The future is here, but it's not what we expected

Posted by verb on Apr 14, 2020 8:00:00 AM

In Business, Video, Technology, Marketing, Social Media, Best Practices, Life Hack, Pandemic, Social Distancing, 2020

          Going back even a few months, you’ll see a familiar pattern in the types of articles on the internet. At the end of 2019 to very early in 2020, everyone was preparing for the new decade, making predictions about what the future would hold, and trying to figure out what “success” would mean for the new year. It’s a time-honored tradition, though one that now seems oddly alien, given how quickly the world changed since those articles were written.

While many of the ideas brought up in those articles may still be relevant, as the year goes on, at this point it’s like mowing the lawn while your house is on fire. We’ve just had bigger things to worry about, adapting to the unique challenges presented by this global shift in behavior. And once the fire’s out, the world will be a very different place. One that experts around the world are struggling to predict.

people-wearing-surgical-masks-2PQQ3TZ (1)

You Can’t Put The Genie Back In The Bottle

When all of this started, many of us wanted nothing more than to find a way to continue living life like we always had. And in some ways, we got our wish. There was a huge surge in the remote workforce—something that was only ever a blip on the radar in those 2020 prediction articles —which allowed many business to continue running even as the streets and highways emptied. 

You’ve probably already heard about the growth of Zoom over the last few months, but it’s worth mentioning again simply because it’s such a staggering increase. With nearly 350,000 downloads in a single day,  Zoom is seeing a huge increase in users as all kinds of companies—including schools—continue their daily meetings and lessons in a digital format. Zoom isn’t the only one who has seen that effect either—Microsoft Teams, Slack, and Google Hangouts Meet are all growing too. 

Another serious shake up in the last few months has been the job market. Obviously there’s been a massive increase in unemployment, but what surprised me was the boom in the delivery and service industry. The actual numbers are staggering,  with companies like Amazon opening up 100,000 new positions, Instacart hiring 300,000, and pizza delivery chains opening their doors to prospective workers as well. Entire sectors of the workforce have turned completely upside down, with people moving to jobs that can support them now, rather than looking to something that can build their career.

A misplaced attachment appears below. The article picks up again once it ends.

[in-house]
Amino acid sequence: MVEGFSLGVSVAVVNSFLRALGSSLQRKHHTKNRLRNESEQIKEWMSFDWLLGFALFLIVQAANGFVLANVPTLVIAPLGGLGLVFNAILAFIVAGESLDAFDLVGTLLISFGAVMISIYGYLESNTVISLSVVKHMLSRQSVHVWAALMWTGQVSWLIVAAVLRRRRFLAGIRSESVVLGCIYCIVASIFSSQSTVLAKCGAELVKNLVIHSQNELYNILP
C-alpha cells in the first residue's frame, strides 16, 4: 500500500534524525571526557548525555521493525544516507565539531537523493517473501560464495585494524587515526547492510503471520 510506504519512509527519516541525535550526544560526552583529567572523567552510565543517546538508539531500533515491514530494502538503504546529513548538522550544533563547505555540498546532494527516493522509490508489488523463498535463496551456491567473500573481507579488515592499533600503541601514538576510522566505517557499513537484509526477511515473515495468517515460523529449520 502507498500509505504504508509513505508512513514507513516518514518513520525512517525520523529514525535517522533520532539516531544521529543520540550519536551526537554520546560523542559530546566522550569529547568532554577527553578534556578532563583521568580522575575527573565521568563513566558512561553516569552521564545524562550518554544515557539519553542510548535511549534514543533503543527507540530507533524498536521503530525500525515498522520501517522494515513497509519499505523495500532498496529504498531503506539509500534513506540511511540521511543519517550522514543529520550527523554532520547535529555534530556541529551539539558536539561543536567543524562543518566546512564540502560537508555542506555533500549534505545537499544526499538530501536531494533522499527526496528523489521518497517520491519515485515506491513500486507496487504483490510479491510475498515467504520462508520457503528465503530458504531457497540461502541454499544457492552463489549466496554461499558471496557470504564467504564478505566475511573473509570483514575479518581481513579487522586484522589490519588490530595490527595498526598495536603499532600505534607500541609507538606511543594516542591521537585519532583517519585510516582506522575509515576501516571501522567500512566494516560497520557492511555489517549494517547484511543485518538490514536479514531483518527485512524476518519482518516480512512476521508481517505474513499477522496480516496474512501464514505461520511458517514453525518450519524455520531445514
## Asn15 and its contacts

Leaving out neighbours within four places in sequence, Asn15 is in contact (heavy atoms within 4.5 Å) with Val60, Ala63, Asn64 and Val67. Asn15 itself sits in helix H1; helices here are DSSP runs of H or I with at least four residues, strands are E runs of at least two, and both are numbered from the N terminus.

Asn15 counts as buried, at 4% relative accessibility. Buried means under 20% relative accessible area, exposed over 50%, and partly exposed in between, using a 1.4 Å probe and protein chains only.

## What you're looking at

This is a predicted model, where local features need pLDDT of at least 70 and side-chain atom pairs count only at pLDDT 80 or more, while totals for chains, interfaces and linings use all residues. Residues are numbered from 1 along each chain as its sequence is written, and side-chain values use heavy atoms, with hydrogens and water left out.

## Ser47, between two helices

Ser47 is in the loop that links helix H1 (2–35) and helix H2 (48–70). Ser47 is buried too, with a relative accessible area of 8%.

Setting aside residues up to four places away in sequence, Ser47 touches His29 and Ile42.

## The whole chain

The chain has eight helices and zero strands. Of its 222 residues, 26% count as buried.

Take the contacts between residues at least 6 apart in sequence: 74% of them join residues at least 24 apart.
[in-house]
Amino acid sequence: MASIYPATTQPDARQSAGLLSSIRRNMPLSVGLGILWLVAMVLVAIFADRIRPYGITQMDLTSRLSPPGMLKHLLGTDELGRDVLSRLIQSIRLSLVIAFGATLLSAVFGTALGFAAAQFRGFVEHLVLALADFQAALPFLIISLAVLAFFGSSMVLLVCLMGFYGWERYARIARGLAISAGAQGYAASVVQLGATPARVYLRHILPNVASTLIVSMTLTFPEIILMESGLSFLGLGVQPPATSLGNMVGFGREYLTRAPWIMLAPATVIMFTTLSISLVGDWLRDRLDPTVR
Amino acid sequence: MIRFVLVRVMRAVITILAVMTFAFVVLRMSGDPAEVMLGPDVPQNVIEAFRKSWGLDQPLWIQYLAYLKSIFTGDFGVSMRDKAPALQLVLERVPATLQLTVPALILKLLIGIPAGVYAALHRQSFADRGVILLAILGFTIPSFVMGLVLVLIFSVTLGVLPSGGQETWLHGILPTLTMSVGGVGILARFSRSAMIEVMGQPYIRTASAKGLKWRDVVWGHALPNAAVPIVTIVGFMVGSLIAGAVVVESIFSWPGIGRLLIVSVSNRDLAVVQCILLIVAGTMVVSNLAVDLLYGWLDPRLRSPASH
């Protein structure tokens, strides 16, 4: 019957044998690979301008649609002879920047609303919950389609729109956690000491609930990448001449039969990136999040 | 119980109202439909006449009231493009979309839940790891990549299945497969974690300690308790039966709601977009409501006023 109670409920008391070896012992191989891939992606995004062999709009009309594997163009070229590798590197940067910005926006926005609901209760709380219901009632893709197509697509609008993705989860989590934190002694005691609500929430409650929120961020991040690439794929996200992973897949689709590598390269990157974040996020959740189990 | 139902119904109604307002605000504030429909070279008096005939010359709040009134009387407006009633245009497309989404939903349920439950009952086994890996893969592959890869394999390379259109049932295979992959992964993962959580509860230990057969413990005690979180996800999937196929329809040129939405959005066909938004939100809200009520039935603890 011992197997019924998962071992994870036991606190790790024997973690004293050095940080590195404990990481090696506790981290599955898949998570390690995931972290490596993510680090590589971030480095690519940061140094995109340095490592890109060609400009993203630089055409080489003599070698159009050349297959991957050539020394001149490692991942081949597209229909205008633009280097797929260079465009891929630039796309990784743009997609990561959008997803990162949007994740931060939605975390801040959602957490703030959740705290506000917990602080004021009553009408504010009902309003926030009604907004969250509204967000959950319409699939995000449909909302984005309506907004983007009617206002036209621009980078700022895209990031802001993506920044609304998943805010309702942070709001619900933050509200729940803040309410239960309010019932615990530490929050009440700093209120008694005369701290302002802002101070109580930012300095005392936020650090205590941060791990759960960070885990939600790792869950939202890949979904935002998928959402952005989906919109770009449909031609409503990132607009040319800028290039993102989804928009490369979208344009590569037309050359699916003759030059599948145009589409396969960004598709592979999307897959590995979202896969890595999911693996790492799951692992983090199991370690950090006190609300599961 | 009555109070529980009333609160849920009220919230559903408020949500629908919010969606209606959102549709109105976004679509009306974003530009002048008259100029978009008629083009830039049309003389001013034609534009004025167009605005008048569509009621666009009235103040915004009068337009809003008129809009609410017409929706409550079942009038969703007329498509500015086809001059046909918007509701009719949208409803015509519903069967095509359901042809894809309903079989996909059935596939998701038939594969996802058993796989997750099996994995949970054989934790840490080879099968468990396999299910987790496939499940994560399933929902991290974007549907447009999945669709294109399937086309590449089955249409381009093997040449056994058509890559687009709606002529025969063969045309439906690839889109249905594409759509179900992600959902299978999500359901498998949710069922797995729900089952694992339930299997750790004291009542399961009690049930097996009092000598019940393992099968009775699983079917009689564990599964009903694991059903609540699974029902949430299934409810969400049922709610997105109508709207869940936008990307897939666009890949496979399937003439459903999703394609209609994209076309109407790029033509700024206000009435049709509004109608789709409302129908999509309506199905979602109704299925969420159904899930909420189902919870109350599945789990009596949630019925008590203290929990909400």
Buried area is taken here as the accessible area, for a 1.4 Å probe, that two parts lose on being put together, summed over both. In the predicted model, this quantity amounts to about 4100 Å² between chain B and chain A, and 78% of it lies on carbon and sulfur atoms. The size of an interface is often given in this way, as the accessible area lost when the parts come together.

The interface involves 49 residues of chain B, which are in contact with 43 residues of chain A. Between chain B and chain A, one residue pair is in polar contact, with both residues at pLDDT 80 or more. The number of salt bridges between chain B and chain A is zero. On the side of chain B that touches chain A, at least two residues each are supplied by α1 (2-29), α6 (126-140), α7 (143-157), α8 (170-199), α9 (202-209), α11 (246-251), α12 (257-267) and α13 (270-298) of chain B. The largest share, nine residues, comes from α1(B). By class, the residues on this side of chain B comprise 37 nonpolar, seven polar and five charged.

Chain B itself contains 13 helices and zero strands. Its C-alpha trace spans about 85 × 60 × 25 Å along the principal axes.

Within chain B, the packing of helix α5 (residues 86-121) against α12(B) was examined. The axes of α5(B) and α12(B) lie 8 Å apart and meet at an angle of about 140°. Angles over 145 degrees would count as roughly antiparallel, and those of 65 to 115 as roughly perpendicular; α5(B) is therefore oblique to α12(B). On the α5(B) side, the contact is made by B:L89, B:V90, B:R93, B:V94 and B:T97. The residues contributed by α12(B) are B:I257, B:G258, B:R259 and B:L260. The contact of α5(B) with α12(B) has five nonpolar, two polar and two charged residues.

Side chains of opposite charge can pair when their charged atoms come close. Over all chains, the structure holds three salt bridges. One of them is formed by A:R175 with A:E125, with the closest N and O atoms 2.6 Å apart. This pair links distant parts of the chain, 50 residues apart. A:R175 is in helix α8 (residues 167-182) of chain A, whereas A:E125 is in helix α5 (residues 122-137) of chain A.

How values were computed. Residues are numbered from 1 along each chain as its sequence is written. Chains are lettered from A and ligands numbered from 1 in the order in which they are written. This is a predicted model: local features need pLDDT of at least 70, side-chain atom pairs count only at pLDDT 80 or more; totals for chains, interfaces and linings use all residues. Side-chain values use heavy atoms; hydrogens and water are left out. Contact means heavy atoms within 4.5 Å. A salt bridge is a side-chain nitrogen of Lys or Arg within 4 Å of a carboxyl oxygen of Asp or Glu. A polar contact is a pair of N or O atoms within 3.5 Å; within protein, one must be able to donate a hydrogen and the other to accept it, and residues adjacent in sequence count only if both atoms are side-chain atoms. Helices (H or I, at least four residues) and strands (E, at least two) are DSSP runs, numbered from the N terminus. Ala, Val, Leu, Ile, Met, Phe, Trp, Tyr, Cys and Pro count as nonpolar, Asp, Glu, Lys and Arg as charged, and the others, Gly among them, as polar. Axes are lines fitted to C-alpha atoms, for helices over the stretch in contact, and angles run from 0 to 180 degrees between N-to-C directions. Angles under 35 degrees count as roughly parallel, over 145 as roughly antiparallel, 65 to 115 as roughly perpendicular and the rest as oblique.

However, the title of this section implies you can’t reverse any of this. Remote workers can go back to the office, deliveries may fade as people are allowed to go outside again, and job markets might change when we can start thinking long term again. To some, all of that might seem simple…but I don’t think so. I think some of the changes we’re seeing in business and society are going to stick around for years to come. And why is that? Well, there’s historical precedent. 

 

And Maybe That’s A Good Thing

Back in the mid-1800’s, epidemics like cholera prompted the invention of underground sewer systems, which paved the way for the city street grid system. When the internet was first introduced decades ago, businesses had to rethink their operations to include websites, factor in a new ordering system for fulfillment, and eventually try to reach a much larger audience through internet marketing. Whether good or bad, global events like what we’re going through now often cause real and lasting change to the way we live. 

Everyone is trying to figure out exactly how things will be different as we move into the second half of 2020 and beyond. Recently, experts from Harvard Business School discussed everything from employees becoming more helpful to companies developing a deeper trust-based culture.

Microsoft thinks  this remote working trend we’re seeing will become more than just a coping mechanism, as their Teams software is still seeing a consistent increase in use over in China, even though restrictions there are beginning to lift. It’s a glimpse into our future, and it’s only a few months away.

Even office layouts might be effected down the road, with some architecture firms already working on ways to incorporate our social distancing mindset into future office plans. The dream of the open-office floor plan is quickly turning into a nightmare now that we know just how fast diseases like this can upset our day to day life. Get ready for wider walkways, larger doors, and more separation between workspaces. It’s just one of the ways people are looking to prevent this kind of thing from happening in the future.boy-in-a-pastel-blue-shirt-is-cleaning-his-phone-o-MKBRFEY

But no matter what the next few months or years look like, one thing’s for certain: things are changing. But based on the ingenious ideas we’ve come up with to adapt with things like this in the past, that’s okay. Historically speaking, change is good. And I believe we’ll come out the other side of this even better for having gone through it.

 

-verb